The PostRuntimeExtensionsDuration metric specifically focuses on the time spent (in milliseconds) by extensions after your function's handler has completed. This includes tasks like sending logs, metrics, or traces to external services, performing cleanup actions, or interacting with other AWS resources.

Monitoring this metric allows you to understand how much additional execution time your extensions are adding to your Lambda function. This can help you decide between similar extensions or identify extensions that are causing performance issues.

Iterator age

The IteratorAge metric in AWS Lambda pertains to the age of the oldest record in the event stream your function is processing. It is specifically relevant for stream-based invocations, where your Lambda function is triggered by events from sources like DynamoDB Streams or Kinesis Streams.

The higher the IteratorAge value, the greater the lag between when a record is added to the stream and when your function processes it. This could indicate that your function is not keeping up with the incoming data stream.

A growing IteratorAge may be caused by various scenarios such as high ingestion rates, insufficient function concurrency, slow execution due to inefficient code or external dependencies, invocation errors, or limitations in the stream's throughput capacity.

Keeping a close eye on the IteratorAge metric allows you to detect such issues and take corrective action. This might involve optimizing your function code, increasing concurrency, adjusting batch sizes, or scaling the stream's throughput.

3. Concurrency metrics

Concurrency in AWS Lambda refers to the number of function instances that are executing simultaneously at any given time. Each concurrent execution represents an independent environment where your Lambda function code runs to handle a request.

The Lambda manages function concurrency automatically by scaling up or down the number of execution environments based on incoming request traffic. When a function receives a request, it will either use a pre-existing but idle environment to process it, or if none are available, a new environment will be created for that specific request.

Since each execution environment can process up to 10 requests per second, the number of concurrent environments required depends on how quickly the functions process each request.

For example, if you're receiving 100 requests per second and each request takes an average of 200ms to be processed, the number of concurrent environments required to handle the load will be 20 (100 rps * 0.2 seconds). If the function execution time increases to 500ms, you will need 50 concurrent environments (100 rps * 0.5 seconds).

However, there are limits to how many execution environments that can be active at the same time. Here are some key concepts to take note of:

  • Total account concurrency: There is a limit on the total number of function instances that can execute simultaneously across all functions within your AWS account in a specific region. By default, this limit is 1000, but you can request an increase.

  • Reserved concurrency: You can reserve a portion of your account's concurrency limit for specific functions. This prevents other functions from using that concurrency, ensuring your critical functions always have enough capacity to handle requests. Reserved concurrency also acts as a limit that prevents the overconsumption of resources by a single function.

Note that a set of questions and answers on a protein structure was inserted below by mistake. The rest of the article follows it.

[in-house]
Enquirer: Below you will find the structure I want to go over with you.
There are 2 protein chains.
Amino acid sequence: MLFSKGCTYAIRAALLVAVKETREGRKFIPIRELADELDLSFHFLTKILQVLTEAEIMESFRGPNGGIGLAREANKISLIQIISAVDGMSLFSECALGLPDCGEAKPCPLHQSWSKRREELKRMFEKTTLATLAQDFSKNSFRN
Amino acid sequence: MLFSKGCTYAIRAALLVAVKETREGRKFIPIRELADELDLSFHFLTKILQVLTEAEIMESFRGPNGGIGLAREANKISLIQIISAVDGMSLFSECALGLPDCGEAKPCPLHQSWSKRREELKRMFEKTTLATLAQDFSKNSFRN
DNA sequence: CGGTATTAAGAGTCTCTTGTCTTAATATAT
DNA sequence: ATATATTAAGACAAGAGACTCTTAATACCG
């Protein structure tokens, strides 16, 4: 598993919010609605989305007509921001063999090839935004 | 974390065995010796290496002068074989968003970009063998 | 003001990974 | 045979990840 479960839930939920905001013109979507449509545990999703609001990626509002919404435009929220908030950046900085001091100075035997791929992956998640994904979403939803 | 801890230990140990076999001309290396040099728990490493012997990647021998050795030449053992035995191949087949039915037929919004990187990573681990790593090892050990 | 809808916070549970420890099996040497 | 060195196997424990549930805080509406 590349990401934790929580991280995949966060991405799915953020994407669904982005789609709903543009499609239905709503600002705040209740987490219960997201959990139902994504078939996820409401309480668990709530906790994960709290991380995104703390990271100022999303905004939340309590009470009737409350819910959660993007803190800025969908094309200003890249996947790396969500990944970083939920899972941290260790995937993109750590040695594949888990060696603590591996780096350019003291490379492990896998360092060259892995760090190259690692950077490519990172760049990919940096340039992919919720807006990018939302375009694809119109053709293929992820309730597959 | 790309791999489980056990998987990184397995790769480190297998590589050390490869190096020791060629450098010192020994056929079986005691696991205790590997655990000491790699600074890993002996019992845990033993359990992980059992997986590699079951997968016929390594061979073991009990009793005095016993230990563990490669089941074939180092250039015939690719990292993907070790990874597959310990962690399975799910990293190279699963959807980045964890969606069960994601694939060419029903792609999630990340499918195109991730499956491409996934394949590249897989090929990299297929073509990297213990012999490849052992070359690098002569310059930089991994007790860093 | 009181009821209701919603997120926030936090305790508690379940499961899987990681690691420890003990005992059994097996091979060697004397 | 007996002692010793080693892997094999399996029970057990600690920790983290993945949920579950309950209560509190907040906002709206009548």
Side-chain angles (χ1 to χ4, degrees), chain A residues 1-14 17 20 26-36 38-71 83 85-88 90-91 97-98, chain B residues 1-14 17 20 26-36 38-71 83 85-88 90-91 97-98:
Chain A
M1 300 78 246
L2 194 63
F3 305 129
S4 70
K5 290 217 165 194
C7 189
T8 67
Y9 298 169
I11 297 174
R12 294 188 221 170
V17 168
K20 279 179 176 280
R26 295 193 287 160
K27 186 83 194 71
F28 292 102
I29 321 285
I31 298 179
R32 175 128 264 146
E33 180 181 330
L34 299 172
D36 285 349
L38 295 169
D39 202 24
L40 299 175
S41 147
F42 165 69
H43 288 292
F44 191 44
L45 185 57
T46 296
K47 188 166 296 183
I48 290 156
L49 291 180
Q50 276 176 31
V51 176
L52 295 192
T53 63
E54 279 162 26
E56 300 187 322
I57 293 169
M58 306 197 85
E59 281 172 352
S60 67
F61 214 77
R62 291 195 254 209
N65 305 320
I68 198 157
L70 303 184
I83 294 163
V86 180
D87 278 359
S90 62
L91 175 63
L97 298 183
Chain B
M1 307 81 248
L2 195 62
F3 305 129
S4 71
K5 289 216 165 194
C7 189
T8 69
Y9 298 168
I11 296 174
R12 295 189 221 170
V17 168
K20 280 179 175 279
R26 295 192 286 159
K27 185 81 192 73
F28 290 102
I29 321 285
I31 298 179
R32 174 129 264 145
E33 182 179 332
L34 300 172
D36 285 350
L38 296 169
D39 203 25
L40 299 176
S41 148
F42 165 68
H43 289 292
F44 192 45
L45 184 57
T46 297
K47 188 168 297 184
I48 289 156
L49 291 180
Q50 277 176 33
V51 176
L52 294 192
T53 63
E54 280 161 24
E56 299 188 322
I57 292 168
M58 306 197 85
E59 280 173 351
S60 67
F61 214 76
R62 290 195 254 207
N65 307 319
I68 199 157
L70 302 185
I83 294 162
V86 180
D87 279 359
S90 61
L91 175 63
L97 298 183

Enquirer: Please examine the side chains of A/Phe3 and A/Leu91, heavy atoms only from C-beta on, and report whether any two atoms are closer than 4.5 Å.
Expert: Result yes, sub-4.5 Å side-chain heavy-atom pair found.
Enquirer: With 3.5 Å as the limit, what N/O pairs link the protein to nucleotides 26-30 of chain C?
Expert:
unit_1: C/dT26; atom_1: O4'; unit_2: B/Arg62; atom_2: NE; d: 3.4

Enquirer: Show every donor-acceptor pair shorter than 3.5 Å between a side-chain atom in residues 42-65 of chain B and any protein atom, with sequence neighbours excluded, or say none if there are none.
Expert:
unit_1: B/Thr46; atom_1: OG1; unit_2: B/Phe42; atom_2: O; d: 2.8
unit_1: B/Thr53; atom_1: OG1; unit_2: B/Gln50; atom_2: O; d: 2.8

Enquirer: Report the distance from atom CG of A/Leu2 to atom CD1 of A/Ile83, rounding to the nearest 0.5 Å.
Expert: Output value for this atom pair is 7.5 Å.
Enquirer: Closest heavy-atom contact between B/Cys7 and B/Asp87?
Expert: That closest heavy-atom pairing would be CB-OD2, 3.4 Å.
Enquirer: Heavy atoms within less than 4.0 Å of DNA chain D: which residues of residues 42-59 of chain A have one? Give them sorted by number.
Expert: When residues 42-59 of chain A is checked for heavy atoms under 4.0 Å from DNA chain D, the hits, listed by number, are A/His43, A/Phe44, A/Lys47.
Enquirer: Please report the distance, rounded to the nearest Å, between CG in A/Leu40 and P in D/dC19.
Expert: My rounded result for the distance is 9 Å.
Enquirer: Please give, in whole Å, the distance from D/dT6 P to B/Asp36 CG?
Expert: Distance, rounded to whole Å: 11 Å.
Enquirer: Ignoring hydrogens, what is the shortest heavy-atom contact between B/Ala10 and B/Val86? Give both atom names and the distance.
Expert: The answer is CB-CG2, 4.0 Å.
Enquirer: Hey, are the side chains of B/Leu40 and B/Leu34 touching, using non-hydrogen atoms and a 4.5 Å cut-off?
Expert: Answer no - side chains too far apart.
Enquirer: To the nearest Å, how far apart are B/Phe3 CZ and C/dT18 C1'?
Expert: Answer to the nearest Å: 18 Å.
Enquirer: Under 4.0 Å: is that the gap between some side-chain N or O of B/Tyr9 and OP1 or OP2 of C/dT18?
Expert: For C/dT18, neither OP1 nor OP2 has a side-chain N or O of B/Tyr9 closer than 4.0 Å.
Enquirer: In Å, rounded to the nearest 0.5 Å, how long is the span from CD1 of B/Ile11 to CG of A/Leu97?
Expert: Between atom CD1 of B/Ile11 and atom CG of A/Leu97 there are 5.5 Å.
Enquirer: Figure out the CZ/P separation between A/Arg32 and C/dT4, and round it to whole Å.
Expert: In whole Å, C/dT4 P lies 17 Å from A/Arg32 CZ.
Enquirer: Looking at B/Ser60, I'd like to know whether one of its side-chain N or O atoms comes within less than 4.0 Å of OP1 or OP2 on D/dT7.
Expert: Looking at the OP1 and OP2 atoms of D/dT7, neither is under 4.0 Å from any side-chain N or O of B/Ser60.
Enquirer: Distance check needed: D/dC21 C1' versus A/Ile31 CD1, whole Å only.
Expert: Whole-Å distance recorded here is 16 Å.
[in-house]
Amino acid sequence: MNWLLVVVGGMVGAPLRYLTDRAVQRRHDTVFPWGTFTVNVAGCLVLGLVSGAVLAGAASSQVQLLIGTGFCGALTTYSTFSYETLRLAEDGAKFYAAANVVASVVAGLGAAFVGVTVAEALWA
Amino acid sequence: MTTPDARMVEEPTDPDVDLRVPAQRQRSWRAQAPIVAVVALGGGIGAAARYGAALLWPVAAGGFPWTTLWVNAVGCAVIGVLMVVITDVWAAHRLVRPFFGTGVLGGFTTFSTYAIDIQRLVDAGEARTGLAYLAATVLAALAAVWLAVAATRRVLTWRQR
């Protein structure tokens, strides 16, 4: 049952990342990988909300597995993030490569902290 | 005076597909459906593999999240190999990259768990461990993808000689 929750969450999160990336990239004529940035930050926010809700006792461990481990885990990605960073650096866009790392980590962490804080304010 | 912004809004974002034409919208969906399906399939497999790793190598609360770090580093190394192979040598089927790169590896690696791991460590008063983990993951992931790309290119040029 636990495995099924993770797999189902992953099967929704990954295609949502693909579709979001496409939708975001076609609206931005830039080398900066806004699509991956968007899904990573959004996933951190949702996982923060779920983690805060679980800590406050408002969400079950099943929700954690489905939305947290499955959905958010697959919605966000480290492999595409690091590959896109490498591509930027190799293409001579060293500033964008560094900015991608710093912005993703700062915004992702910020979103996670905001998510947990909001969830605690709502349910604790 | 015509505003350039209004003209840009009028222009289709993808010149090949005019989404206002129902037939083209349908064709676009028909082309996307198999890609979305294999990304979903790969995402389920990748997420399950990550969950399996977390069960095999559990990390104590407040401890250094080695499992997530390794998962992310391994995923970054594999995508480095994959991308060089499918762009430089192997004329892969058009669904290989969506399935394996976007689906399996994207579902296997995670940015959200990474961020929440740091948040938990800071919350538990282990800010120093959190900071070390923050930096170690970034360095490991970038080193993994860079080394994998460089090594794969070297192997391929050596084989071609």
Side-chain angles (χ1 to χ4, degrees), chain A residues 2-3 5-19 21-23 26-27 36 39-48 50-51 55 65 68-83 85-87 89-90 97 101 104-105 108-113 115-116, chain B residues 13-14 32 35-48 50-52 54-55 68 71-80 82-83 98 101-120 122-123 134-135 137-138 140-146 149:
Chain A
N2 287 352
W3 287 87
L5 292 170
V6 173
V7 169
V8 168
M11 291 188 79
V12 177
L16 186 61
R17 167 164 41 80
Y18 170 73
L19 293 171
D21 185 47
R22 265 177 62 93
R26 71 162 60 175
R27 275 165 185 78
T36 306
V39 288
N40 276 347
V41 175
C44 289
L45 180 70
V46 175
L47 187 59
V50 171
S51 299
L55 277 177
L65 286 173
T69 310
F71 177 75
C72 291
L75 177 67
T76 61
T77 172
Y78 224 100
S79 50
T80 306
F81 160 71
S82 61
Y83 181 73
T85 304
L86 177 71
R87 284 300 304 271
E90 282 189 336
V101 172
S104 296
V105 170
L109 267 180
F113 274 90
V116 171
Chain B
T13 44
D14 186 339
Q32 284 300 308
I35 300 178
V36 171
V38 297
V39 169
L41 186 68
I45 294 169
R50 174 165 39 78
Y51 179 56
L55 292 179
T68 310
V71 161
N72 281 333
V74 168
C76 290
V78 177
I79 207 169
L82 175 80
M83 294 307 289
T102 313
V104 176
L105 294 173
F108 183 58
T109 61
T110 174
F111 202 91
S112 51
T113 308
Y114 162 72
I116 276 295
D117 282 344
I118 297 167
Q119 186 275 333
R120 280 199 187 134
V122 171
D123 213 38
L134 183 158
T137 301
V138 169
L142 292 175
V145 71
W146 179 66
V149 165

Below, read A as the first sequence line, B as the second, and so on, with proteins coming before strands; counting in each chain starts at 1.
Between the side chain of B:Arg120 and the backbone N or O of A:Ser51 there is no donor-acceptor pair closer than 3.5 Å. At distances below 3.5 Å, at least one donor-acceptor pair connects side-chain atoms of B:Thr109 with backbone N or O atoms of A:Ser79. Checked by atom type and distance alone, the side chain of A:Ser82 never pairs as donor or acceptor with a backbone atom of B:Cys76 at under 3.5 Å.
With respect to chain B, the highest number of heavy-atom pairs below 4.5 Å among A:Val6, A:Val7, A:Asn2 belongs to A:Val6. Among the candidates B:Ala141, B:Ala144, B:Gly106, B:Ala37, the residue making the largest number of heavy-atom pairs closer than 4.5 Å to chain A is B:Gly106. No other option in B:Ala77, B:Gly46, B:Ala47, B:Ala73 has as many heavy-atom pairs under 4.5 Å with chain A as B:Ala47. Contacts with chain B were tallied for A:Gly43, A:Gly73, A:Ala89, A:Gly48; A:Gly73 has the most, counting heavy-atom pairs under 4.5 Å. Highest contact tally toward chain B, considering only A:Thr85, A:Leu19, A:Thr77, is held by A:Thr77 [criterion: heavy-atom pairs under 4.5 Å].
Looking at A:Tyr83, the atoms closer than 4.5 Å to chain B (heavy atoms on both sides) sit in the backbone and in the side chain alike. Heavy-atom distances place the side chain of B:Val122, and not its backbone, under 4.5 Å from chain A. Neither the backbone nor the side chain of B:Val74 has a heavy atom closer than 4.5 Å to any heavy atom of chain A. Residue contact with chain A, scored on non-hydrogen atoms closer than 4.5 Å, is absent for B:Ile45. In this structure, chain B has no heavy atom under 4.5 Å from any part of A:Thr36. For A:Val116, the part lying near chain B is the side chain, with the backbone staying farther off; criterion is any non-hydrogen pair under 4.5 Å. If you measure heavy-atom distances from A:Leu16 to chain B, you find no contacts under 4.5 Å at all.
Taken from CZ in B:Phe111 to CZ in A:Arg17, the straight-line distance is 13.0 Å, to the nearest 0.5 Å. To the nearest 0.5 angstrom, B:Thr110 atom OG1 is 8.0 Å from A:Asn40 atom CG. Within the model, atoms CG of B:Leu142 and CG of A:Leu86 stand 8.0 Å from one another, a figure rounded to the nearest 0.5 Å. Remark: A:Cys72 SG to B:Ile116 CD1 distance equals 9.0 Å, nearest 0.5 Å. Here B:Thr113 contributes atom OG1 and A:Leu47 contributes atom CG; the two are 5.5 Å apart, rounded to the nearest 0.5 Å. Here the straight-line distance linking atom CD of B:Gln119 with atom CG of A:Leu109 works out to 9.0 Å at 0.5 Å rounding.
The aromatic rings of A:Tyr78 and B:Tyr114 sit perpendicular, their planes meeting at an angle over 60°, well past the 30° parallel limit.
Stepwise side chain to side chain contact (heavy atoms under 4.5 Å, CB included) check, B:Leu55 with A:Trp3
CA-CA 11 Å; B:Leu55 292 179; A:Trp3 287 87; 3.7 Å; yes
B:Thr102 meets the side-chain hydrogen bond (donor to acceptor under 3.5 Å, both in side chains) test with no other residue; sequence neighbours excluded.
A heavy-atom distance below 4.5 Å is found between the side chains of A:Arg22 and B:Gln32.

• Unreserved concurrency: Unreserved concurrency is the remaining pool of concurrent executions available to all functions that do not have reserved concurrency. Lambda requires that a minimum of 100 concurrent executions per-region are always available to such functions.

  • Provisioned concurrency: This is a feature in Lambda that keeps a specified number of execution environments initialized and ready to respond immediately to invocations. It's designed to eliminate cold starts, which are delays caused by initializing a new environment when a function is invoked after a period of inactivity.

Tracking concurrency metrics in AWS Lambda is key to optimizing function performance and managing resource allocation. By monitoring concurrency, you can identify overprovisioned functions, scale resources to match demand, and set reserved concurrency to control scaling behavior and prevent resource contention.

Lambda provides the following metrics to help you monitor and manage concurrency:

Metric name Description
ConcurrentExecutions The number of function instances that are processing events at any given time.
UnreservedConcurrentExecutions The number of concurrent function executions that are using the unreserved portion of your account's concurrency limit.
Throttles The number of invocation requests that are throttled due to concurrency limits being exceeded.
ProvisionedConcurrentExecutions The number of function instances with provisioned concurrency processing events.
ProvisionedConcurrencyUtilization The percentage of provisioned concurrency that is being utilized.
ProvisionedConcurrencyInvocations The number of times your function is invoked using provisioned concurrency.
ProvisionedConcurrencySpilloverExecutions The number of times your function is invoked without provisioned concurrency when all provisioned instances are in use.

Concurrent executions

The ConcurrentExecutions metric represents the number of function instances that are actively processing events at any given time. By tracking and alerting on this metric, you can see how close your functions are to reaching their concurrent executions quota for the region or the reserved concurrency limits, which could lead to throttling if exceeded.